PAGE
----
So why did Cloudflare break with its neutrality policy? Prince doesn’t come out and say it, but the answer is obvious: it was bad for business. Prince has previously admitted that his company, like most other such firms, complies with censorship laws imposed by authoritarian regimes like China. In November 2015, after ISIS launched deadly terrorist attacks in Paris, the online hacker collective Anonymous accused Cloudflare of providing pro-ISIS websites protection against cyberattacks. At the time, Prince dismissed the allegations as “armchair analysis by kids,” but later explained that his company only intervenes if law enforcement asks them to.

In 2013, Prince posted answers to some questions he received from a magazine concerned that his company was providing services to a controversial group. Asked if his company has safeguards in place to ensure it’s not supporting terrorist activities, Prince wrote: “This question assumes the answer. A website is speech. It is not a bomb. There is no imminent danger it creates and no provider has an affirmative obligation to monitor and make determinations about the theoretically harmful nature of speech a site may contain.”

Yet under the right circumstances, all this fine talk about neutrality goes out the window, exposing the arbitrary nature of companies that effectively control the public square. Prince is at least aware of the problem. “It doesn’t sit right that to have a private company, invisible but ubiquitous, making editorial decisions about what can and cannot be online,” he writes. “The pre-internet analogy would be if Ma Bell listened in on phone calls and could terminate your line if it didn’t like what you were talking about.”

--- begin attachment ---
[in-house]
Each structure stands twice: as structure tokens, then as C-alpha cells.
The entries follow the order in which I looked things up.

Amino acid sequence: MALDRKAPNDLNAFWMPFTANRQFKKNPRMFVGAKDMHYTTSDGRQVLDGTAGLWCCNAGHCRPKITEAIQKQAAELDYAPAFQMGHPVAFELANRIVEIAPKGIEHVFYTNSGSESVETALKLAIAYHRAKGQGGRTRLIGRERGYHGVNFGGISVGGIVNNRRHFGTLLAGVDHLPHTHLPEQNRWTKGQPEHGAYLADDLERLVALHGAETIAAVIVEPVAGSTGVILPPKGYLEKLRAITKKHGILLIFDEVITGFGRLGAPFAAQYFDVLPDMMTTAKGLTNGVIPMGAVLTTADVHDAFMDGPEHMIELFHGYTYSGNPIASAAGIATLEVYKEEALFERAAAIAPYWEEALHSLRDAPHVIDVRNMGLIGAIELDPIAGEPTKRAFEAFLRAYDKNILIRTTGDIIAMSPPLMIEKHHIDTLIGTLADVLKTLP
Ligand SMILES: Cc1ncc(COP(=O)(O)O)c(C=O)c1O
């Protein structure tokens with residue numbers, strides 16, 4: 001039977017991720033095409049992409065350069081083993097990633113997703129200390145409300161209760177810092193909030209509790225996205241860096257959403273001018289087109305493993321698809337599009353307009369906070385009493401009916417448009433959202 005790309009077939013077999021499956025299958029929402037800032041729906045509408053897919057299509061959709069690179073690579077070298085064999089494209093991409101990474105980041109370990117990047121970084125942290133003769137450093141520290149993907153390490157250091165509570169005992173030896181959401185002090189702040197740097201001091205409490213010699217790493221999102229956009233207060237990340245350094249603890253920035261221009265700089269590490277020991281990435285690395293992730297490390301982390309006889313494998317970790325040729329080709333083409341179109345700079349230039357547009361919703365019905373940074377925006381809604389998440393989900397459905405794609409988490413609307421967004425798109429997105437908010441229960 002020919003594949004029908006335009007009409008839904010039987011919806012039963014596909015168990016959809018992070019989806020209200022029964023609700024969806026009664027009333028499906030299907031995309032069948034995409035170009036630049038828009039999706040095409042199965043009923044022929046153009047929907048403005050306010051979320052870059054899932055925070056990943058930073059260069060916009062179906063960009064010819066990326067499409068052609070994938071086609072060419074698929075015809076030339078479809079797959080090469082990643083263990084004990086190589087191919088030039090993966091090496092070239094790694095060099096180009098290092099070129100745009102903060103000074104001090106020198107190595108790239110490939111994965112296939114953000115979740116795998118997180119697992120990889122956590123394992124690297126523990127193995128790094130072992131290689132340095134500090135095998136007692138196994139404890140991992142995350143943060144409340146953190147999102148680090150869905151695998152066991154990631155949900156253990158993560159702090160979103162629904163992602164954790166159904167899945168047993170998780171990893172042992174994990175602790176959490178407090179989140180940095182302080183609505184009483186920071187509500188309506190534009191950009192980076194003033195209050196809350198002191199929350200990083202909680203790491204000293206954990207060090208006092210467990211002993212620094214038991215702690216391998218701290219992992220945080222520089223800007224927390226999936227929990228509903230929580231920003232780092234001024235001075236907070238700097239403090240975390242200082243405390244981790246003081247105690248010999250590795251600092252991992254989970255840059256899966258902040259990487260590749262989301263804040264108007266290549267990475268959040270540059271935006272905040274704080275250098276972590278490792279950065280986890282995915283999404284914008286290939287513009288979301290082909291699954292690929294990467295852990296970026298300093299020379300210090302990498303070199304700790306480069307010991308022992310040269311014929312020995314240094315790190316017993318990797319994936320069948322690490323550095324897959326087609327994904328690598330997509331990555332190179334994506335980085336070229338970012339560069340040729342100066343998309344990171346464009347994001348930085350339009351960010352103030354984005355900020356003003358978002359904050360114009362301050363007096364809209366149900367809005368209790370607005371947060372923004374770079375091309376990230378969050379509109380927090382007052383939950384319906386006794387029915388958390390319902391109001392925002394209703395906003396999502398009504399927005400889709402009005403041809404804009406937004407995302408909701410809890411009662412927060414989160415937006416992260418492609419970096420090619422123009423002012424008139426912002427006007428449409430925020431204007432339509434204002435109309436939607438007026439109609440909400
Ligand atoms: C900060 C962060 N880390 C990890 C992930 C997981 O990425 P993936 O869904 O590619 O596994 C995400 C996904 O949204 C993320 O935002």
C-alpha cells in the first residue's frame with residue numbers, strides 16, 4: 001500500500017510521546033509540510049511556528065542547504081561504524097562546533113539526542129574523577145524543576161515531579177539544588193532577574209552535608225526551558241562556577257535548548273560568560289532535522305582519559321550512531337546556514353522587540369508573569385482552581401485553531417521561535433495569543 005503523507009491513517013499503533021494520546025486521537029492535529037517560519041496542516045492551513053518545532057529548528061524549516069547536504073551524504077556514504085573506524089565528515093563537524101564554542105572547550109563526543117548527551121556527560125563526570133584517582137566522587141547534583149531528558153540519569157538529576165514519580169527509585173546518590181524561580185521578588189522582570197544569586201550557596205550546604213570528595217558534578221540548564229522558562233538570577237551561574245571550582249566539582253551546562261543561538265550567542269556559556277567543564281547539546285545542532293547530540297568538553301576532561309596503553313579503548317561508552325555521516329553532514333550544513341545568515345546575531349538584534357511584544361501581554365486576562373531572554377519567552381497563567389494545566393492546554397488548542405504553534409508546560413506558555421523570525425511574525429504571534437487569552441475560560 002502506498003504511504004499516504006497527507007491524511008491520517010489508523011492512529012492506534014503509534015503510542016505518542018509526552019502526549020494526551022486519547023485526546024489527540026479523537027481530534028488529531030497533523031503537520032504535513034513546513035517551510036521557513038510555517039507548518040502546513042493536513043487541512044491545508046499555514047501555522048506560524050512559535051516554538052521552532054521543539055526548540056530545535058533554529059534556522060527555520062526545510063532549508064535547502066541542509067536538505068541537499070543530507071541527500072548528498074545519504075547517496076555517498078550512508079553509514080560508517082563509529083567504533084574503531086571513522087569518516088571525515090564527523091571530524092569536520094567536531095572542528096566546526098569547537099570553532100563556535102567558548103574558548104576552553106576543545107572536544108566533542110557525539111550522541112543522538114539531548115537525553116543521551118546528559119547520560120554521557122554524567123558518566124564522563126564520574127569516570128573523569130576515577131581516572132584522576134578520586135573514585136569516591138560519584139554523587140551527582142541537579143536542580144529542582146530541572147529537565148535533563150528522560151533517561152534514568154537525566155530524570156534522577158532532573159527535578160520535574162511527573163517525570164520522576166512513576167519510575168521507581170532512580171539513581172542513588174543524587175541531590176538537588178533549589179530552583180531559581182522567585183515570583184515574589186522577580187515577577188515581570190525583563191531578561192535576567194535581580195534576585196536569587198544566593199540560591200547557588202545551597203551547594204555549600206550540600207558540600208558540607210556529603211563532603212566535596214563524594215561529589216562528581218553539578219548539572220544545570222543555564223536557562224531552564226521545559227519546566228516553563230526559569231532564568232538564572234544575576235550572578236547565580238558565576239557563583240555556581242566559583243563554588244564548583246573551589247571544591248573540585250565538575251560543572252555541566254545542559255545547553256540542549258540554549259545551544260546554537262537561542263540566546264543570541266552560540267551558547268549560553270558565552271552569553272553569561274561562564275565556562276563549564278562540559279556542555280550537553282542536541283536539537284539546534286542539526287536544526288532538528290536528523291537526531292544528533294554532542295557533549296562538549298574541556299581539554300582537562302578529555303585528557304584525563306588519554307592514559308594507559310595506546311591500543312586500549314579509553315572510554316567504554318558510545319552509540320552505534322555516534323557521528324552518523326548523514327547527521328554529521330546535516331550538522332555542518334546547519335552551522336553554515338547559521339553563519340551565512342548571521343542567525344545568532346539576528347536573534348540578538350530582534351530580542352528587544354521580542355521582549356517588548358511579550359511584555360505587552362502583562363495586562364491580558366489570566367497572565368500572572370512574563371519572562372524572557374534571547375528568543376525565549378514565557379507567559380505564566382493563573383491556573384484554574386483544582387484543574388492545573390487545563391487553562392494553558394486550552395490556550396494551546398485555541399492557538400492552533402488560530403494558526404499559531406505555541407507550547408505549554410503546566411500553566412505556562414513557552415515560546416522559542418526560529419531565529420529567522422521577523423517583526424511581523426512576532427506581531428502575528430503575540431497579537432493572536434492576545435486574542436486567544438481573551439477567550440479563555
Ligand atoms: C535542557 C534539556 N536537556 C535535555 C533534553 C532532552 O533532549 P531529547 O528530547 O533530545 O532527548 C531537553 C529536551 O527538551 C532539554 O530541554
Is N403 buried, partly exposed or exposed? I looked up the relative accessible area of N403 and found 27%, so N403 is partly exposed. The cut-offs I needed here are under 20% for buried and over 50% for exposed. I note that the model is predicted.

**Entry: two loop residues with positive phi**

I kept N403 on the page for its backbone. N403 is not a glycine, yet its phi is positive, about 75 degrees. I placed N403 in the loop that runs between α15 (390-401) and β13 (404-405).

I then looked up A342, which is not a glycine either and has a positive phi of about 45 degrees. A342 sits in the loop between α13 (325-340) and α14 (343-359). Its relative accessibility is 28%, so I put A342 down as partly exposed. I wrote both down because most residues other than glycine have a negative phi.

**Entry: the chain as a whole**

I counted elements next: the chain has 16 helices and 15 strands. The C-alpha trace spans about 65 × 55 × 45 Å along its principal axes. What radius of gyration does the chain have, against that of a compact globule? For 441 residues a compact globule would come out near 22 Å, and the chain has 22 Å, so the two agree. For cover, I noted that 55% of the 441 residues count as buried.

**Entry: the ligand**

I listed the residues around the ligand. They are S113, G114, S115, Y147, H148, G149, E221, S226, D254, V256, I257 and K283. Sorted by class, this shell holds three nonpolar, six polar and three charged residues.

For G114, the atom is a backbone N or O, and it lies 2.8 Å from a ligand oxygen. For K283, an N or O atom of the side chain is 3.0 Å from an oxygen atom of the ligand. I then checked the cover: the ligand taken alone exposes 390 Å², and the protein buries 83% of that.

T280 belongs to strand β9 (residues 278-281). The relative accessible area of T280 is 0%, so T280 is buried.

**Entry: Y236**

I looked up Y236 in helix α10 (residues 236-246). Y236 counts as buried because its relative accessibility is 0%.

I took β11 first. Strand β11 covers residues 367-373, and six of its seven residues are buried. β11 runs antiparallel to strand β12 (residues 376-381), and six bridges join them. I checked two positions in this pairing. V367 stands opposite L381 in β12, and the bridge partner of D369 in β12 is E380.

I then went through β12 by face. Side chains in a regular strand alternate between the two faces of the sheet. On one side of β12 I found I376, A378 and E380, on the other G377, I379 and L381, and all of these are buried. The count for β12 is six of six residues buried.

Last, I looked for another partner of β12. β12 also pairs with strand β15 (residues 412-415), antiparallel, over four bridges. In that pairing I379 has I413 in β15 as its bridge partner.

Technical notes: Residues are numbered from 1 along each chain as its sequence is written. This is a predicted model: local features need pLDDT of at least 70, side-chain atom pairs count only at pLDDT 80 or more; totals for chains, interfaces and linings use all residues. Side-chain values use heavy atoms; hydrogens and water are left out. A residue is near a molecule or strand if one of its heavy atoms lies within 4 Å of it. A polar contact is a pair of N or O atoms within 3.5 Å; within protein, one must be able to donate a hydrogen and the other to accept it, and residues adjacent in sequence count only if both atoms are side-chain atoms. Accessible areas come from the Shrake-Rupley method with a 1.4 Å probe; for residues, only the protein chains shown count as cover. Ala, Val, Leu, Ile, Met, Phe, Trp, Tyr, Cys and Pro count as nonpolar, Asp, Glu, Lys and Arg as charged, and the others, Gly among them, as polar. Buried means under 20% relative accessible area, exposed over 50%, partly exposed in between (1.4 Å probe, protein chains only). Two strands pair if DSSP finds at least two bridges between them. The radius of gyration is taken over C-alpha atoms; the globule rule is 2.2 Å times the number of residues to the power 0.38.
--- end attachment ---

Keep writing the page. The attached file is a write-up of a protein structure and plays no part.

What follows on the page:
The Censorship Won’t Stop With Neo-Nazi Groups

All this should concern ordinary Americans because the implications go far beyond neo-Nazis and white supremacists. Writing in City Journal, Aaron M. Renn explains how the Google/Apple duopoly on the mobile Internet seems to be openly hostile to free expression: “Google and Apple, with a combined 98 percent market share in mobile-phone operating systems, have banned Gab, an upstart Twitter competitor with a free-speech policy quaintly modeled on the First Amendment itself, from their app stores. Google cited ‘hate speech’ as its reason for exclusion; Gab doesn’t censor.”

Google’s recent firing of James Damore over a memo questioning the company’s diversity policies is evidence enough that it doesn’t care much for actual diversity or free speech. But as Renn notes, there is no apparent market remedy because there is effectively no market. “Both the Apple and Google app stores are private markets owned by those companies, which act as their effective governments. You cannot easily start a new mobile business without their permission. If your app follows the First Amendment, there’s a good chance that you’ll be rejected.”

At a time when free speech is under assault by the mainstream media, Democratic Party leaders, on college campuses and in the streets, let’s not kid ourselves that the Internet is going to be the one place controversial or unpopular ideas can be debated openly. If nothing else, attempts to silence neo-Nazis online have shown us that the companies that control the internet are part of the censorious impulse sweeping the country, which seeks to silence much more than just some ridiculous neo-Nazis.

John is a senior correspondent for The Federalist. Follow him on Twitter.
Photo Anthony Crider